I don't find the else worth targeting for the sake of readability. In fact, I welcome else as an explicit sign of "this or that" logic.

Guard clauses are fine. Nested conditionals are another problem entirely.But I don't think breaking a simple function with 3 parameters into at least a combinations of small function with a long chain of get by this and by that is anymore readable.

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drmdodd profile image
DrMDodd

It does however make you think about reusability and keeping consistency in code, in the getCharities example there, is something that could be reused elsewhere.

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hungluong profile image
Hung Luong

Sorry, but I don't see why reusability is relevant here - when it was suggested to create multiple 'versions' of getCharities with different combinations of parameters to avoid branching. One could even argue that it is the exact opposite of reusability: duplication.

Unless we have wildly different logic for getting by country or tier - in which case it isn't even about branching as they would be two different functions in the first place, what we would most likely have is this:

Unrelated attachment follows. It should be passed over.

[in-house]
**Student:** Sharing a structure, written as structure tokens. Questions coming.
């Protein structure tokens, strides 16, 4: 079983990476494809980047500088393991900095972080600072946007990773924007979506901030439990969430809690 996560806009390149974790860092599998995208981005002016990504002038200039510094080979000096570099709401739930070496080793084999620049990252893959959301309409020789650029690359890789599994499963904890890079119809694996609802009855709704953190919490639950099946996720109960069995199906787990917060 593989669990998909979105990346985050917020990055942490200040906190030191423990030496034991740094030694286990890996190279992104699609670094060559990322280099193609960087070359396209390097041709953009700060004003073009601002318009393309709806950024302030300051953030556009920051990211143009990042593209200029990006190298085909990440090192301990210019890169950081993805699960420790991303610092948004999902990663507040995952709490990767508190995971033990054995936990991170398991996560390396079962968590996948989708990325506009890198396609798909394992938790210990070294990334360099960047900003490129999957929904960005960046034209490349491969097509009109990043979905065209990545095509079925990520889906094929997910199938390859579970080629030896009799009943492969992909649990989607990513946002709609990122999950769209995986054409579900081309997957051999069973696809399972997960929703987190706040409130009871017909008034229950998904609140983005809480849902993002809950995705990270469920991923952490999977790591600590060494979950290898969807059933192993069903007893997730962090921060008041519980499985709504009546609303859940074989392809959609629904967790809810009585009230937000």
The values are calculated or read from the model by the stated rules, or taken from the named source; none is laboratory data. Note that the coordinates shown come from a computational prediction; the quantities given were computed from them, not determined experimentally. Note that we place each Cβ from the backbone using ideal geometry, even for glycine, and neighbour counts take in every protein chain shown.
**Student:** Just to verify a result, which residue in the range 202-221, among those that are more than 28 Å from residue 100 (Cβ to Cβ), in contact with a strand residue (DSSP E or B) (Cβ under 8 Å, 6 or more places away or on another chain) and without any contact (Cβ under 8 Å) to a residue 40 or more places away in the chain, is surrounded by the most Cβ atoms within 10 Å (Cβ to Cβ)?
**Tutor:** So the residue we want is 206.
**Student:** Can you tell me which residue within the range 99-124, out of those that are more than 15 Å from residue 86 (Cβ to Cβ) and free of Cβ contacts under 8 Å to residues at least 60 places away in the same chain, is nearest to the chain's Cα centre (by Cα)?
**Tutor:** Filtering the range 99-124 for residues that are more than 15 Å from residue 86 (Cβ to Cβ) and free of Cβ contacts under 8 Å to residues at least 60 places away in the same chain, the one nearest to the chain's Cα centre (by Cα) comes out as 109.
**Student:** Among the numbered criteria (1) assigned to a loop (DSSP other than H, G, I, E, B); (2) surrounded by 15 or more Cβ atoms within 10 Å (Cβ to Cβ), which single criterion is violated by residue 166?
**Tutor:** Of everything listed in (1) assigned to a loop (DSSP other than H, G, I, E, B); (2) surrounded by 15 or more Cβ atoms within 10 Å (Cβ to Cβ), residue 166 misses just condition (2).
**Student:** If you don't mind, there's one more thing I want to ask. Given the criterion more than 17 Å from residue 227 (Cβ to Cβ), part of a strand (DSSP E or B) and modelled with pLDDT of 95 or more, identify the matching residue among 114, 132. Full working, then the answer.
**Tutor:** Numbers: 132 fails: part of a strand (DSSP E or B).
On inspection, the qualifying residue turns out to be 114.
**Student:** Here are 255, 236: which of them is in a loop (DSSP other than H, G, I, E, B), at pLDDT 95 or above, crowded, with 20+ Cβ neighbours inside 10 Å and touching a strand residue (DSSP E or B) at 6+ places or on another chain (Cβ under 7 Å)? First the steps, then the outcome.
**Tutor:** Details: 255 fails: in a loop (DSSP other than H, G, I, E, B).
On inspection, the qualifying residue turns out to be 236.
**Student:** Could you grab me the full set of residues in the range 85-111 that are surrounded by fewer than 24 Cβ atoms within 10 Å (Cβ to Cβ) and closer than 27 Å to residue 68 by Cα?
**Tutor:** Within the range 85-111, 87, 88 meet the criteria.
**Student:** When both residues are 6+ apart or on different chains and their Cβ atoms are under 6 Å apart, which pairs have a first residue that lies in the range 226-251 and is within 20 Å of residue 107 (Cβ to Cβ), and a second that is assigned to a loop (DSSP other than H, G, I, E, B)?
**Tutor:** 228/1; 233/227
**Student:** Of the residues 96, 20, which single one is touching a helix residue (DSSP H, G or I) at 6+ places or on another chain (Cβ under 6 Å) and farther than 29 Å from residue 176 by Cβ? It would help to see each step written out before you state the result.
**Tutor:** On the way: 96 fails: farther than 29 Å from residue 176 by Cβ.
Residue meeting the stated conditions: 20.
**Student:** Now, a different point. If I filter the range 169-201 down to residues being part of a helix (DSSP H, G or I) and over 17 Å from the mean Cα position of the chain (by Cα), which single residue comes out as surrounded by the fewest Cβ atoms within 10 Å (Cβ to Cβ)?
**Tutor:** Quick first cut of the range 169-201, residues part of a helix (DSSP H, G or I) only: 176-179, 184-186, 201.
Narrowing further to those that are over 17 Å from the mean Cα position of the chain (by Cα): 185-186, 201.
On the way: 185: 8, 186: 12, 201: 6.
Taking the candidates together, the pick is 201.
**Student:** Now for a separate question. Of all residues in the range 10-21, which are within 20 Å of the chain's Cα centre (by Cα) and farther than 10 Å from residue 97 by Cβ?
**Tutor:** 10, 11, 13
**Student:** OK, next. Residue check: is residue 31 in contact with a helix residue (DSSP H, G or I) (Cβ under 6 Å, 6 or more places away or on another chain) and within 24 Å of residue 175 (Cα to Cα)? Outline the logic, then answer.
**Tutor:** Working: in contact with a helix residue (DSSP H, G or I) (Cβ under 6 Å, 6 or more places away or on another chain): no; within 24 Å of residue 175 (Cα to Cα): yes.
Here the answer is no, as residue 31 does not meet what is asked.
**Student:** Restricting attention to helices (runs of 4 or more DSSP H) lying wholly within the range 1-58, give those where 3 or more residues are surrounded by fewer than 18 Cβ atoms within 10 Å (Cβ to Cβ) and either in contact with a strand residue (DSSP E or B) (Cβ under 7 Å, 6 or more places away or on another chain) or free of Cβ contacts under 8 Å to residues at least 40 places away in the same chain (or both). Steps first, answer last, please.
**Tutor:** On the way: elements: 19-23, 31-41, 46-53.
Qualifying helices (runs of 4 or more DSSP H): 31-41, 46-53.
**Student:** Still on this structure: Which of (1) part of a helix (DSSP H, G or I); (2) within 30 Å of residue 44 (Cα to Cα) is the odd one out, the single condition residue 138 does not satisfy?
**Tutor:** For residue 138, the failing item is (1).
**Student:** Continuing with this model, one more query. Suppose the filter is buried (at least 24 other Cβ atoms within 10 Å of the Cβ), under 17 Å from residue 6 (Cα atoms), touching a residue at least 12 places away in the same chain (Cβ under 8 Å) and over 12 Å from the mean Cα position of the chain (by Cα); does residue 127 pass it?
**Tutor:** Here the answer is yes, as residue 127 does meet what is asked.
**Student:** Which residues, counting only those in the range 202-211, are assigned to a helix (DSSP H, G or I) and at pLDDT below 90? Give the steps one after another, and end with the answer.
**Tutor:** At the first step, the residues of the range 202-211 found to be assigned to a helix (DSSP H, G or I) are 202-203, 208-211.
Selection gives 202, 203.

getCharitiesByCampaignAndCountry -> return getCharities(country, campaign, defaultTier)

Why make the reader jump an extra hoop just to get to the actual logic? And even if we were to force reusability on this, what is more reusable: getCharities or getCharitiesByCampaignAndCountry?

I know the example are meant to be simple, sometimes contrived, but this is precisely why I don't see why eliminating else helps in any way with readability.

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ani03sha profile image
Anirudh Sharma

@dglsparsons , excellent points. However, the code examples are a little difficult to read as all of the code is in the same line. Better readability can be achieved if it is something like below.

function doSomething() { 
    if (!something.OK()) { 
        // return or throw error 
    } 
   return something.Do()
}
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dglsparsons profile image
Douglas Parsons

Hey - thanks for pointing this out. I'm not sure what's happened there.

I've fixed it now, so hopefully its much easier to read!

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graystrider profile image
GrayStrider

New line before return please :3

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entomy profile image
Patrick Kelly

While I agree with many of these points, and definitely find excessive cases of indentation in more novice-written code, this reads far more like "do as I say because I do it this way". You even start this with gloating that fits right with that motivation. Do you have studies on readability and how this change impacts that? While I suspect it does increase it, the wording of your article goes against your intentions.